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Showing posts from November, 2011

From Florida to Fowey: remembering the laughter

In June 1988 we went to Florida for three months. We lived about as far west of Fort Lauderdale as you could get at that time, in Plantation Acres, with the British artist Barry Leighton-Jones and his family.

During the day Tony painted on the terrace, taking on board Barry’s suggestions for editing and improving his composition or palette, and I made my first attempts at writing, thanks to the discovery of Natalie Goldberg’s book, Writing Down the Bonesin a local bookstore, Books Etc. As inspired as I was by her words and encouragement you wouldn’t have been able to identify that from the first entry I ever made into a little spiral notebook not much bigger than a mobile phone: The birds were tweeting. I kid you not.
At the end of most days, Barry’s wife, Andrea and I set out wine, jumbo shrimp and dip, and the four of us sat on the terrace and chatted while the kids jumped in and out of the pool with Ginger, a barmy red setter.
It was a summer of discovery and friendship, a summer of …

Plain sailing with cats. And bananas.

Chica has been living mainly under the bed since we came back from France three weeks ago – in an under-bed storage drawer on wheels filled with spare bedding. Sometimes, when I bend down to check on her, the drawer has rolled up against the skirting board, or over to the far left. Of course if I try and roll the drawer while she’s in it, she’ll get out. Cats are like that. They will never do what you want them to do, or go where you want them to go, when you want them to.

Tony says she’s a strange cat (and she does have her odd ways – she won’t sit on your lap, ever, and she plays fetch, like a dog, with elastic bands) but I think she’s just taking her own time to settle into a different house and environment: from French suburban living to the British countryside, from the screech of seagulls to the low growl of a passing train, from palm trees to apple trees. And a drop in temperature at an average of 6 or 7 degrees. To be honest, I’m having a bit of a problem with all of these thin…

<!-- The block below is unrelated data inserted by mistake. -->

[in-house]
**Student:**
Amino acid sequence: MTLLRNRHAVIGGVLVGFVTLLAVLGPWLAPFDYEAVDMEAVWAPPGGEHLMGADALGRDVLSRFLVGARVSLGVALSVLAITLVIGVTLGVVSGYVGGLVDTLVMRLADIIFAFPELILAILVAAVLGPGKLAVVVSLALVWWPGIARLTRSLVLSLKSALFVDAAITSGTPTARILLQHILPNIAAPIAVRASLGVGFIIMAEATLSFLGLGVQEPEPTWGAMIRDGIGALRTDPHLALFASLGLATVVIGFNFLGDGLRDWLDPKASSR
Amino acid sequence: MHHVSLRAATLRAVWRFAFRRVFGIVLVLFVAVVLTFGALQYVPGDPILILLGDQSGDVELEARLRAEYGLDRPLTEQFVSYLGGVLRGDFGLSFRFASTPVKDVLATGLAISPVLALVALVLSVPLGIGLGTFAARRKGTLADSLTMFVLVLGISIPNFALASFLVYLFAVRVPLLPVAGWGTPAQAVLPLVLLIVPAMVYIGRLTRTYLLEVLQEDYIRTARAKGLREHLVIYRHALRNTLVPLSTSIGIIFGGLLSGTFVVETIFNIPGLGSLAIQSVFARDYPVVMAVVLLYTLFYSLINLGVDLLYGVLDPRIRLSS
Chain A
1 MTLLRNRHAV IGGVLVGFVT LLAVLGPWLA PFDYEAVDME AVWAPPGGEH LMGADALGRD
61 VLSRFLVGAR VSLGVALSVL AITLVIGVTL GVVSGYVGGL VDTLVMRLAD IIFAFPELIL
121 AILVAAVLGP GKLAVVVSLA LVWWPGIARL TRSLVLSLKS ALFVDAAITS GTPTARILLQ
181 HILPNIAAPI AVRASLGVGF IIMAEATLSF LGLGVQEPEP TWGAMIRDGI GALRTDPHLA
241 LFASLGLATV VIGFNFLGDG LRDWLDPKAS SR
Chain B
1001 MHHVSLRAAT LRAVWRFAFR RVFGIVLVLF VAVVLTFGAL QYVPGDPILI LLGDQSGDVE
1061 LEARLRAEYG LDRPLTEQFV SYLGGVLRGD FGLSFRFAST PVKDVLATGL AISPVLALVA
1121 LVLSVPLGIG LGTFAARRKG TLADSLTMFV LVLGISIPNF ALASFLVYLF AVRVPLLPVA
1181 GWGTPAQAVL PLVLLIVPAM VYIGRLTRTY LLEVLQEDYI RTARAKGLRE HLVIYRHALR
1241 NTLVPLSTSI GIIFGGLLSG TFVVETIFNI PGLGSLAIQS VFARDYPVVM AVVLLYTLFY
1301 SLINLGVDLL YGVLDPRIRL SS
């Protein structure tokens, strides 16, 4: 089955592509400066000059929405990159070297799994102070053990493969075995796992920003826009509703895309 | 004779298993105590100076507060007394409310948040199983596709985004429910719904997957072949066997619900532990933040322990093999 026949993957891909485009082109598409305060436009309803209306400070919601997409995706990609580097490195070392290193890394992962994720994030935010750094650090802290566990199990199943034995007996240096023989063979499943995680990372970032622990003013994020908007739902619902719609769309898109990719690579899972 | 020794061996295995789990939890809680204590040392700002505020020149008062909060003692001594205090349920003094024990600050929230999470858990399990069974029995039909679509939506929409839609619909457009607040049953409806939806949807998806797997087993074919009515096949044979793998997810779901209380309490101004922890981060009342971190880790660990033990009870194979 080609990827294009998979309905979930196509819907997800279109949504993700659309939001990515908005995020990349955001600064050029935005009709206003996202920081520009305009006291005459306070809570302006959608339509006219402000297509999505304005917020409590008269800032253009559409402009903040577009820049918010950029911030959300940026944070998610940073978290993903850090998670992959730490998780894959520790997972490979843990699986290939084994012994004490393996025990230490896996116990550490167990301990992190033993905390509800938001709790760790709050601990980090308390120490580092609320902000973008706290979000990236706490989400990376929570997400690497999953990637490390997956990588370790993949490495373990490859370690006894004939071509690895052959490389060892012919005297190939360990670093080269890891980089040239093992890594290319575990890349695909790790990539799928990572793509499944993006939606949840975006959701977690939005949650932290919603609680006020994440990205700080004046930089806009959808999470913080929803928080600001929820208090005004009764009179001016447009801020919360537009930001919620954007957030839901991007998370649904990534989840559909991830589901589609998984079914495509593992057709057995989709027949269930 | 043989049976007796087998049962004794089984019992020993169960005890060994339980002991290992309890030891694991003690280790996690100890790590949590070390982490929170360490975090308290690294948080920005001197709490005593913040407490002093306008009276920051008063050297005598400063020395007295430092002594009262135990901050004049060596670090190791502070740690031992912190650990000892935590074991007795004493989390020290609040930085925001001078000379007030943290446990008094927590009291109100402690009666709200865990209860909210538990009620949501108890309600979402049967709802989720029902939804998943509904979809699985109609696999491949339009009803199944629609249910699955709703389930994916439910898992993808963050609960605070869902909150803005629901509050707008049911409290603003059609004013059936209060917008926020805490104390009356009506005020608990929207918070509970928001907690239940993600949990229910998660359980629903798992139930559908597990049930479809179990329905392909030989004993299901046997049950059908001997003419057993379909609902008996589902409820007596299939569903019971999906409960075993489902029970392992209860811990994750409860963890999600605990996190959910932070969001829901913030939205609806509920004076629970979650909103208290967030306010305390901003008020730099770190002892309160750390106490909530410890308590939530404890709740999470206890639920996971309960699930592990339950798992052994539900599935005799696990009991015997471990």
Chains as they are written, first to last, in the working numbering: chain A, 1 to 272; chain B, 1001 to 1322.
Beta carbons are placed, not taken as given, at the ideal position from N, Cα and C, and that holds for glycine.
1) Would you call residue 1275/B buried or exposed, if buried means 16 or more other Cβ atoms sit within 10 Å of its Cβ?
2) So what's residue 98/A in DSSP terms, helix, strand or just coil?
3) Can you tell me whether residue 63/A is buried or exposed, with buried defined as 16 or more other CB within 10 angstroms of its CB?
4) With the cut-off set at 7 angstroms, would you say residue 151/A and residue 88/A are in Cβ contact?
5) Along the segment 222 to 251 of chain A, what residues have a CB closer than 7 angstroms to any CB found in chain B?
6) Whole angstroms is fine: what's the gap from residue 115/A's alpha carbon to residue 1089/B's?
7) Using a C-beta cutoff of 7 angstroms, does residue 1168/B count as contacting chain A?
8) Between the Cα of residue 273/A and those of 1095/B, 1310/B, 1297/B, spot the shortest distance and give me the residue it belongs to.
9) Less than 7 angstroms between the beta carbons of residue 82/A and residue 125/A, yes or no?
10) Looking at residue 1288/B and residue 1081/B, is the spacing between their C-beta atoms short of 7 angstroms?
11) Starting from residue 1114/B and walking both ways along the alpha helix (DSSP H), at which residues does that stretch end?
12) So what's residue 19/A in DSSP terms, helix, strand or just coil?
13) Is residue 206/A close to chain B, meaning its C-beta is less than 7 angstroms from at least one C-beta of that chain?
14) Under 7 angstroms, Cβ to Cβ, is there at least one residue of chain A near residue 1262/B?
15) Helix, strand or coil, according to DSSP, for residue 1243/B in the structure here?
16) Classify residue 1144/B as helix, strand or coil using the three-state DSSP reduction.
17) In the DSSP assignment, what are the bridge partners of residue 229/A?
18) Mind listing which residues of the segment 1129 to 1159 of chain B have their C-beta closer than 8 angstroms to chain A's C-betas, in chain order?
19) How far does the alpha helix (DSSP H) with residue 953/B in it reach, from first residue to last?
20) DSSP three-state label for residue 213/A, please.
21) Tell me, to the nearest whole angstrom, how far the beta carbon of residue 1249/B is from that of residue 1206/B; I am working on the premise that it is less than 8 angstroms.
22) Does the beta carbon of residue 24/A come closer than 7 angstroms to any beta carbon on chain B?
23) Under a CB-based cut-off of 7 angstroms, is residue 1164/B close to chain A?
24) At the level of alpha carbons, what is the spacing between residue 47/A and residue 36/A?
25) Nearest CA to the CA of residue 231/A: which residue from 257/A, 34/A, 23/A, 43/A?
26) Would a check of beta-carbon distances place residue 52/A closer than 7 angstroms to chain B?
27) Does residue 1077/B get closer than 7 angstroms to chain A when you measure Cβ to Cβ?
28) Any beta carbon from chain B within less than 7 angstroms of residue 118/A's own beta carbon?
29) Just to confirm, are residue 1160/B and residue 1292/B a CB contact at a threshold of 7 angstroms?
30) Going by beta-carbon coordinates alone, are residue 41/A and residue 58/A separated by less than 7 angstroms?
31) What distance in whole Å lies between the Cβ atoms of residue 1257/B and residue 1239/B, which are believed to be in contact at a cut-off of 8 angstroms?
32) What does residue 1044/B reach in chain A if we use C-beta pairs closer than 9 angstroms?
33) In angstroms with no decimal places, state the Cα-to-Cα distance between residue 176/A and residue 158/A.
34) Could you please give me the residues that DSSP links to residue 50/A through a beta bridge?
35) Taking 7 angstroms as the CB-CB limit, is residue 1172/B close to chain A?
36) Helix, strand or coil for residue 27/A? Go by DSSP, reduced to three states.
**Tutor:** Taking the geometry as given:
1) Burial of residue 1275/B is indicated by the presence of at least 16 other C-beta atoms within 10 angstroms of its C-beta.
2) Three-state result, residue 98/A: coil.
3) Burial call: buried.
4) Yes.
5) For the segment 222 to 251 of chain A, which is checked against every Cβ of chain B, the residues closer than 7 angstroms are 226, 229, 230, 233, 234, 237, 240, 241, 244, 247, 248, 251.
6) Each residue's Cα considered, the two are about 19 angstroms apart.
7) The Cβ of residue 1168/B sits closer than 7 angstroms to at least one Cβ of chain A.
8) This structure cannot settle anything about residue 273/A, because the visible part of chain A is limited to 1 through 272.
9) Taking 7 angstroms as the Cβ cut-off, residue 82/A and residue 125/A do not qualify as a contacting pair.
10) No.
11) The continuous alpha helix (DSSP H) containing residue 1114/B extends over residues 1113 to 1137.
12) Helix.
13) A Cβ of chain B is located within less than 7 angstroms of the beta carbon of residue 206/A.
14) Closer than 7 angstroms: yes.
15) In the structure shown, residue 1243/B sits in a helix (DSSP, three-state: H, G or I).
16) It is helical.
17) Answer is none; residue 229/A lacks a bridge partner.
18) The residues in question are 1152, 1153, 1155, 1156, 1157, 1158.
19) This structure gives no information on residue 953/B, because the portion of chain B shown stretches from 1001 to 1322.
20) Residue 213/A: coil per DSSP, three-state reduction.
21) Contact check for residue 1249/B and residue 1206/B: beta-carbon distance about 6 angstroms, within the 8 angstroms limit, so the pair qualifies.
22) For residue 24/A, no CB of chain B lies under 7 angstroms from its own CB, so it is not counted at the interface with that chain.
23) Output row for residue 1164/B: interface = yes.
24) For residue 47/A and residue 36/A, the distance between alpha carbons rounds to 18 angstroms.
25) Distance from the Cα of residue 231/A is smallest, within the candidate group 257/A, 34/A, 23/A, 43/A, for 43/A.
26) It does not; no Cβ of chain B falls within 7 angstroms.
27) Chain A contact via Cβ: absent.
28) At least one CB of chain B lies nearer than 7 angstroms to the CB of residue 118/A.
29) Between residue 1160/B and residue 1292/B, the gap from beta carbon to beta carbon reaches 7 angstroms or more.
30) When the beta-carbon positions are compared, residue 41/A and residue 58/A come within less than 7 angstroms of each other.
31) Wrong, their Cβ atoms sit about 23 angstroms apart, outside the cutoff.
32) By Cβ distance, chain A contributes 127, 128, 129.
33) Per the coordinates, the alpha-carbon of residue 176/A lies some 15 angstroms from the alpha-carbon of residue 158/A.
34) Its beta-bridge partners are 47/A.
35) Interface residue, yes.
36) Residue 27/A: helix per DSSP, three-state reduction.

Loving it: Macdonald's and crud

A man in Port Talbot, South Wales drove his car into Macdonald’s because they wouldn’t serve him in the drive-thru hatch as he was on foot. I know what you’re thinking: why didn’t he take his car into the drive-thru in the first place? The 8 pints of lager probably had something to do with it. Maybe he thought he was in his car. I picture him miming a steering wheel, tootling up to the hatch making broom-broom noises: ‘Quarter pounder with cheese, large fries. Shall I turn the engine off while I wait?’
When the staff told him to go to the restaurant he went to get his (real) car, parked it on the kerb and walked back (you can’t fix stupid) to the drive-thru hatch to make a fuss at which point they refused to serve him anywhere.
‘You'd better move yourself, I am coming in. Even if I've got to ram these doors down, I am coming in.’ That’s the voice of a man desperate for a Macdonald’s.
In true media fashion the manager was quoted as describing the situation as ‘carnage’. No, carnag…

Missed deadlines and sausages

I have been carrying this Cumberland sausage around for twenty minutes, the loops of its resealable transparent bag tangled around my fingers like a rosary.  It's jumbo size, curved to an oval and, guessing by the even colour it's been oven baked, and over-baked if I'm honest, its glistening brown skin a little wrinkled. I have clutched it up and down the aisles of Tesco's at Lunsford Park, near my home in Kent, feeling its heat and fearing even to let go of it at the checkout in case it disappeared under a pile of crumpled carrier bags. In the carpark each bag I lift into the trunk is one step closer to it. By the time I slip behind the steering wheel and close the door this sausage has developed mythical status: it is the homecoming sausage. It is all the sausages I haven't eaten during three years in France. It is the sausage to answer my prayer, assuage my cravings for a good British banger.
Of course it does not live up to expectations but some things are good…